The inpatient survey in England shows that over the past nine years trusts have seen only a modest improvement in quality of care as judged by patients, says a new report from The King’s Fund and Picker Institute Europe.The first longitudinal study of patient experience by trust, Patients’ experience of using hospital services, finds that while overall there have been small improvements in patient experience reported between 2005 and 2013, the results show a tendency towards inertia or regression to the average. However, when this is set against tightening funding since 2010, the fact that patient experience hasn’t deteriorated is reassuring.
The report, co-written by The King’s Fund and Picker Institute Europe, analysed the inpatient survey data for nine years across 156 trusts – accounting for more than half a million inpatients – and found that generally there was a mixed pattern of performance. For most trusts there was positive improvement in some areas and deterioration in others.
The report also shows there is a ‘ceiling effect’ whereby smaller improvements are shown by well-performing trusts compared to those which started off from a lower baseline. This can partly be explained by relatively high scores to begin with. It is, however, demotivating for trusts which started off well to hear year on year that they are about the same as last year. More needs to be done to find a far more sensitive measure to help trusts.
The national picture can mask some very different patterns at trust level and the analysis shows there is considerable potential to reduce variation between trusts on some questions, as well as raising overall levels of performance. There are also significant differences between trusts in how they approach and use the data.
The qualitative research highlights some trusts using the data to good effect. One trust told The King’s Fund how having identified noise at night as a key issue for patients they had introduced night masks and ear plugs for patients and installed soft-close bins and doors on wards. This was subsequently reflected in their inpatient scores.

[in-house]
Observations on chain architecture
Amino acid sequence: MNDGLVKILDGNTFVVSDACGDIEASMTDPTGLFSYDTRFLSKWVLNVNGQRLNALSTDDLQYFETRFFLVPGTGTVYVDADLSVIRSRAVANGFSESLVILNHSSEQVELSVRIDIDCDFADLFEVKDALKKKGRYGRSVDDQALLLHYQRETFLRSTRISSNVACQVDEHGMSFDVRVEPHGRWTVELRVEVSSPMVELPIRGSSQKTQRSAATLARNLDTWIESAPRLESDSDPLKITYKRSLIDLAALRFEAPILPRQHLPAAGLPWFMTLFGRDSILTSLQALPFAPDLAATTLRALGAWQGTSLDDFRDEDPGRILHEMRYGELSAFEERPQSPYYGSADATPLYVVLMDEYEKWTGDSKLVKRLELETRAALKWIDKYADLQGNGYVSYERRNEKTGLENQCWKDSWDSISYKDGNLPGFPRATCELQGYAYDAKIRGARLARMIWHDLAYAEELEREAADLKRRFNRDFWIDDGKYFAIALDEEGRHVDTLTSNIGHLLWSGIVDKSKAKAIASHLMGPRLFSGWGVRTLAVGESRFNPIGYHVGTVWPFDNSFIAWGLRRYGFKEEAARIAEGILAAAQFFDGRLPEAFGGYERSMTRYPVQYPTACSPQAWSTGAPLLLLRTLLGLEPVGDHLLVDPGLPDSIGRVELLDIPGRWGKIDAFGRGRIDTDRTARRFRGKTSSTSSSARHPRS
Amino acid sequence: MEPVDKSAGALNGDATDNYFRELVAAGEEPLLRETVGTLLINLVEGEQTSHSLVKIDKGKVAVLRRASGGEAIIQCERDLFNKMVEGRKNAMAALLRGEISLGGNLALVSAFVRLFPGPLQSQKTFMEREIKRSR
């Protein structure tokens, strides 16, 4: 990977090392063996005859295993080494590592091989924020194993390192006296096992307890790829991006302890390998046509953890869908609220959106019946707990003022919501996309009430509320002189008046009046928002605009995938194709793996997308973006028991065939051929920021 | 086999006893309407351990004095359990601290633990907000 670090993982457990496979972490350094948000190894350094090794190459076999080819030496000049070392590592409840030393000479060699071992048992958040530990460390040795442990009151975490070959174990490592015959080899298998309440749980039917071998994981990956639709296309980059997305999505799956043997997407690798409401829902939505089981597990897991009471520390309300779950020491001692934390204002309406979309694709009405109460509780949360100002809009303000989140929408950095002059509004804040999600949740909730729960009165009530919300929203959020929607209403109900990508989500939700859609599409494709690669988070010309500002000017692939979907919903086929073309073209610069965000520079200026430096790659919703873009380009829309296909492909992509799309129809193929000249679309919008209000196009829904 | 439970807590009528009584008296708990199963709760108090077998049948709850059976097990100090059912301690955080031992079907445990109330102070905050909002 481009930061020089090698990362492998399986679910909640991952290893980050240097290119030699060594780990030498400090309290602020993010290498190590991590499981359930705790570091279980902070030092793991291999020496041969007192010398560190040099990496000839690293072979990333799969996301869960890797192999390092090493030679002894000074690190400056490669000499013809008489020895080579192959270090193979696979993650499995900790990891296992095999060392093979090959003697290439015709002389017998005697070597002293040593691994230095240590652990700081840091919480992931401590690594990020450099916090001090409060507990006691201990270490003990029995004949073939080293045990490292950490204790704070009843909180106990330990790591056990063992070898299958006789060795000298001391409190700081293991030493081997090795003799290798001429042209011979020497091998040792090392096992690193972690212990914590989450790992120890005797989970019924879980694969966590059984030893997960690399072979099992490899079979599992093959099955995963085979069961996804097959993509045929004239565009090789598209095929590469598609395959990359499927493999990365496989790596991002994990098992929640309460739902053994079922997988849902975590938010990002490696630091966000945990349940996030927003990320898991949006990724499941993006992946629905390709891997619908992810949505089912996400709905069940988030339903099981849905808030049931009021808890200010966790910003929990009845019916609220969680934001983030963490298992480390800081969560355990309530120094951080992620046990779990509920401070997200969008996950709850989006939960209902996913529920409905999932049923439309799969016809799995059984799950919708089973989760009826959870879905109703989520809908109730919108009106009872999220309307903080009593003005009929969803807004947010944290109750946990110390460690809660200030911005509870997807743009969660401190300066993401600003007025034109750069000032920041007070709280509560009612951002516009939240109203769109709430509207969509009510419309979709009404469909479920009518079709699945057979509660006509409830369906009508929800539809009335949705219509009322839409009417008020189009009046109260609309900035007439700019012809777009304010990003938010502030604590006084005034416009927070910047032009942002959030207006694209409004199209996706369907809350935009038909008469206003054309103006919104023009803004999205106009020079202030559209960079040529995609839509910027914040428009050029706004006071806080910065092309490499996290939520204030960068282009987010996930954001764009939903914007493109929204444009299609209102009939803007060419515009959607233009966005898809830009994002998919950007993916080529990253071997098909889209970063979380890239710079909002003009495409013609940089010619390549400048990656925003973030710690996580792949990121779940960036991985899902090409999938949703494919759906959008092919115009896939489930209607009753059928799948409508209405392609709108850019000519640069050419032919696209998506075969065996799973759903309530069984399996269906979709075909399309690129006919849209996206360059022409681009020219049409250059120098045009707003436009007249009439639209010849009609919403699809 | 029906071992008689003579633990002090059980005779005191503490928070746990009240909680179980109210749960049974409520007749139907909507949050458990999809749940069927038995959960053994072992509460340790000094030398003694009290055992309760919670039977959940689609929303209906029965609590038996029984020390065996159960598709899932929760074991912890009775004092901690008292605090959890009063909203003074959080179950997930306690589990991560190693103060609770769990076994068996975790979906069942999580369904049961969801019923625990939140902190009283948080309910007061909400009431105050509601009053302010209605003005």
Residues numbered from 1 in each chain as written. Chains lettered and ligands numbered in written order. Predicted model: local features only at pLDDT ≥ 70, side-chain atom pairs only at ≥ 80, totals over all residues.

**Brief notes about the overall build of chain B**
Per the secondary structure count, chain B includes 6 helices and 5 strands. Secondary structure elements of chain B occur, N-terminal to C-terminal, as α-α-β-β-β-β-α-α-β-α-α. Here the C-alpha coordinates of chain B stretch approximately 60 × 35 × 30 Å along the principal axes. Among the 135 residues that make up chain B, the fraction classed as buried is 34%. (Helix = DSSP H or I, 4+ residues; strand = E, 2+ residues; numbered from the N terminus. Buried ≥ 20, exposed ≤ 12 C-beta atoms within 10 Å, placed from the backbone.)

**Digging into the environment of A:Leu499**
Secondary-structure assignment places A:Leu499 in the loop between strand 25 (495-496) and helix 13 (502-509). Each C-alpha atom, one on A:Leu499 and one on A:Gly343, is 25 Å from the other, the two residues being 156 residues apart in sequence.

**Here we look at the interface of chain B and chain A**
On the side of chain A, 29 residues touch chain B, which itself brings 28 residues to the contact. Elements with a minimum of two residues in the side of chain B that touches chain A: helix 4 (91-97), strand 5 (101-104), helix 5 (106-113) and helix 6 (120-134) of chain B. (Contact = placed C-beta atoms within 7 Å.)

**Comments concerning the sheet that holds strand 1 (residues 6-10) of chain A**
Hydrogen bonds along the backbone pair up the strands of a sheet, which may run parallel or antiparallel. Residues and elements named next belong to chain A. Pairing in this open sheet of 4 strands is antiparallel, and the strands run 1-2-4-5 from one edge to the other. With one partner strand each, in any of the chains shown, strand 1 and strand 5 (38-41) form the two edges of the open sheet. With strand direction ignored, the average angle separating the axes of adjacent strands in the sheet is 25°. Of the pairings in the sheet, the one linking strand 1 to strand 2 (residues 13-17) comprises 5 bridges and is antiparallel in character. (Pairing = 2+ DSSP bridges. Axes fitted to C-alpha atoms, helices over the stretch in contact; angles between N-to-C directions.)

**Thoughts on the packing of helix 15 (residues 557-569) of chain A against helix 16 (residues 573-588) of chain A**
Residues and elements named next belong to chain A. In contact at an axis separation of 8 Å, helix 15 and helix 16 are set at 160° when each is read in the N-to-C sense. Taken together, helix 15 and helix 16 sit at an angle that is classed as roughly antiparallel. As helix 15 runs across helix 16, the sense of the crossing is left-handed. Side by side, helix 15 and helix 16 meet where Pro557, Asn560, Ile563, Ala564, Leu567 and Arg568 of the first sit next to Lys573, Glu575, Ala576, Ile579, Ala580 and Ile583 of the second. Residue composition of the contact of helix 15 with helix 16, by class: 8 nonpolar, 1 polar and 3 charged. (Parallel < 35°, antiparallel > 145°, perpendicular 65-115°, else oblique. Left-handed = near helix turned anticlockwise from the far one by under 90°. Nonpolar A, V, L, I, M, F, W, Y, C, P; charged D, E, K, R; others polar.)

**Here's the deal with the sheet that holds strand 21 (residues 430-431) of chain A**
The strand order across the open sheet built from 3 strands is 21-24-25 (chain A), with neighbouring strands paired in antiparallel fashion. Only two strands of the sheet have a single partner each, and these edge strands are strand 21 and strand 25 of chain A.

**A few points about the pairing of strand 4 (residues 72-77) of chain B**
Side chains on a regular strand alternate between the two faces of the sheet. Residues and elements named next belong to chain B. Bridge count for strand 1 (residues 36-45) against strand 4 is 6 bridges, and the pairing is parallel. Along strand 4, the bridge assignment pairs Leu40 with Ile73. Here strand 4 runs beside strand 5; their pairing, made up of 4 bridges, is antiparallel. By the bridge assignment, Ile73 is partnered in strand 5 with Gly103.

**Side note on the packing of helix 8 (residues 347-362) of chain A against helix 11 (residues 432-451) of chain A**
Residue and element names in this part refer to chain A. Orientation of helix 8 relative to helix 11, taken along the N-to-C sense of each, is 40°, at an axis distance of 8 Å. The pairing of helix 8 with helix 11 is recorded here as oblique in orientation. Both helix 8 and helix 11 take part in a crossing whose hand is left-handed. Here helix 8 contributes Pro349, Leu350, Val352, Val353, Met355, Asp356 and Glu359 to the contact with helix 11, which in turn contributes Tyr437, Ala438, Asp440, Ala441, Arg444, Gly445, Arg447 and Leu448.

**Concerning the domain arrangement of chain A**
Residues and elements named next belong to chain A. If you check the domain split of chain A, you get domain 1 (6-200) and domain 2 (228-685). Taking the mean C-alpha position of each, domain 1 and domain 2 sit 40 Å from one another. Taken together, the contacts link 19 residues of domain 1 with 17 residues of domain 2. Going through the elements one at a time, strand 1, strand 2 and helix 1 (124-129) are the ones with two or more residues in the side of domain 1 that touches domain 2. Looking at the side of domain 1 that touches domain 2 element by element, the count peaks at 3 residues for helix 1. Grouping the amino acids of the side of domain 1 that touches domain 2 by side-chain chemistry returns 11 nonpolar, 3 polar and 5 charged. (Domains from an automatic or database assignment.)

Trusts need to overcome the challenges that are preventing them from using the data in systematic and sustained ways to improve services – these are around leadership, culture, staff engagement, resource and system pressures and trust-wide co-ordination.
There also needs to be greater understanding within trusts of how to use the data effectively and the limitations it can present. Changes year-on-year can often be due to random variation and it is much more informative to look at longer-term trends, as this report does, to see significant change.
The data should also be supplemented with local knowledge as this will bring further context to the results. A good example of this is at Maidstone and Tunbridge Wells NHS Trust which in 2006 was in the lowest 20 per cent of trusts for ward cleanliness in the inpatient survey and in 2007 was investigated for a superbug outbreak. Its cleanliness score then rose sharply for subsequent years.
Policy-makers, regulators and commissioners should be aware of these data-related issues in order to use the data to offer valuable insights and set realistic expectations about performance improvements.
The report concluded that the inpatient survey data is underutilised at both the national and local level and needs to be used more effectively if it is going to drive better quality in inpatient care. The report’s analysis will help trusts to identify what they are doing well and where they need to direct their attention to deliver improvement.
Veena Raleigh, Senior Fellow at The King’s Fund and the report’s author said: “At a time when the NHS is under increasing financial pressure it is good news to see that inpatient care has continued to improve in hospitals across the country.
“However, this improvement has been modest and it’s time for this valuable survey to be used more effectively. Many trusts are already demonstrating how they can use the survey to enhance care and we hope this analysis will enable more trusts to access the data to make patients’ experience in hospital as positive as possible.
“Policy-makers, commissioners and regulators must also recognise that sustained improvement in the experience of hospital inpatients is unlikely unless the pressures in the wider health and care system ease.”
Chris Graham, Director of Research and Policy at Picker Institute Europe and the report’s author added: “Our discussions with five trusts showed the challenges many of them faced in using the survey more effectively.
“In many cases challenges are longstanding and this is reflected in results that show limited improvement for over a decade. It is now time for all trusts to adopt an organisational-wide approach to the survey, seeking engagement from board to ward so that patient experience data can be an important tool in helping to drive quality care for patients.”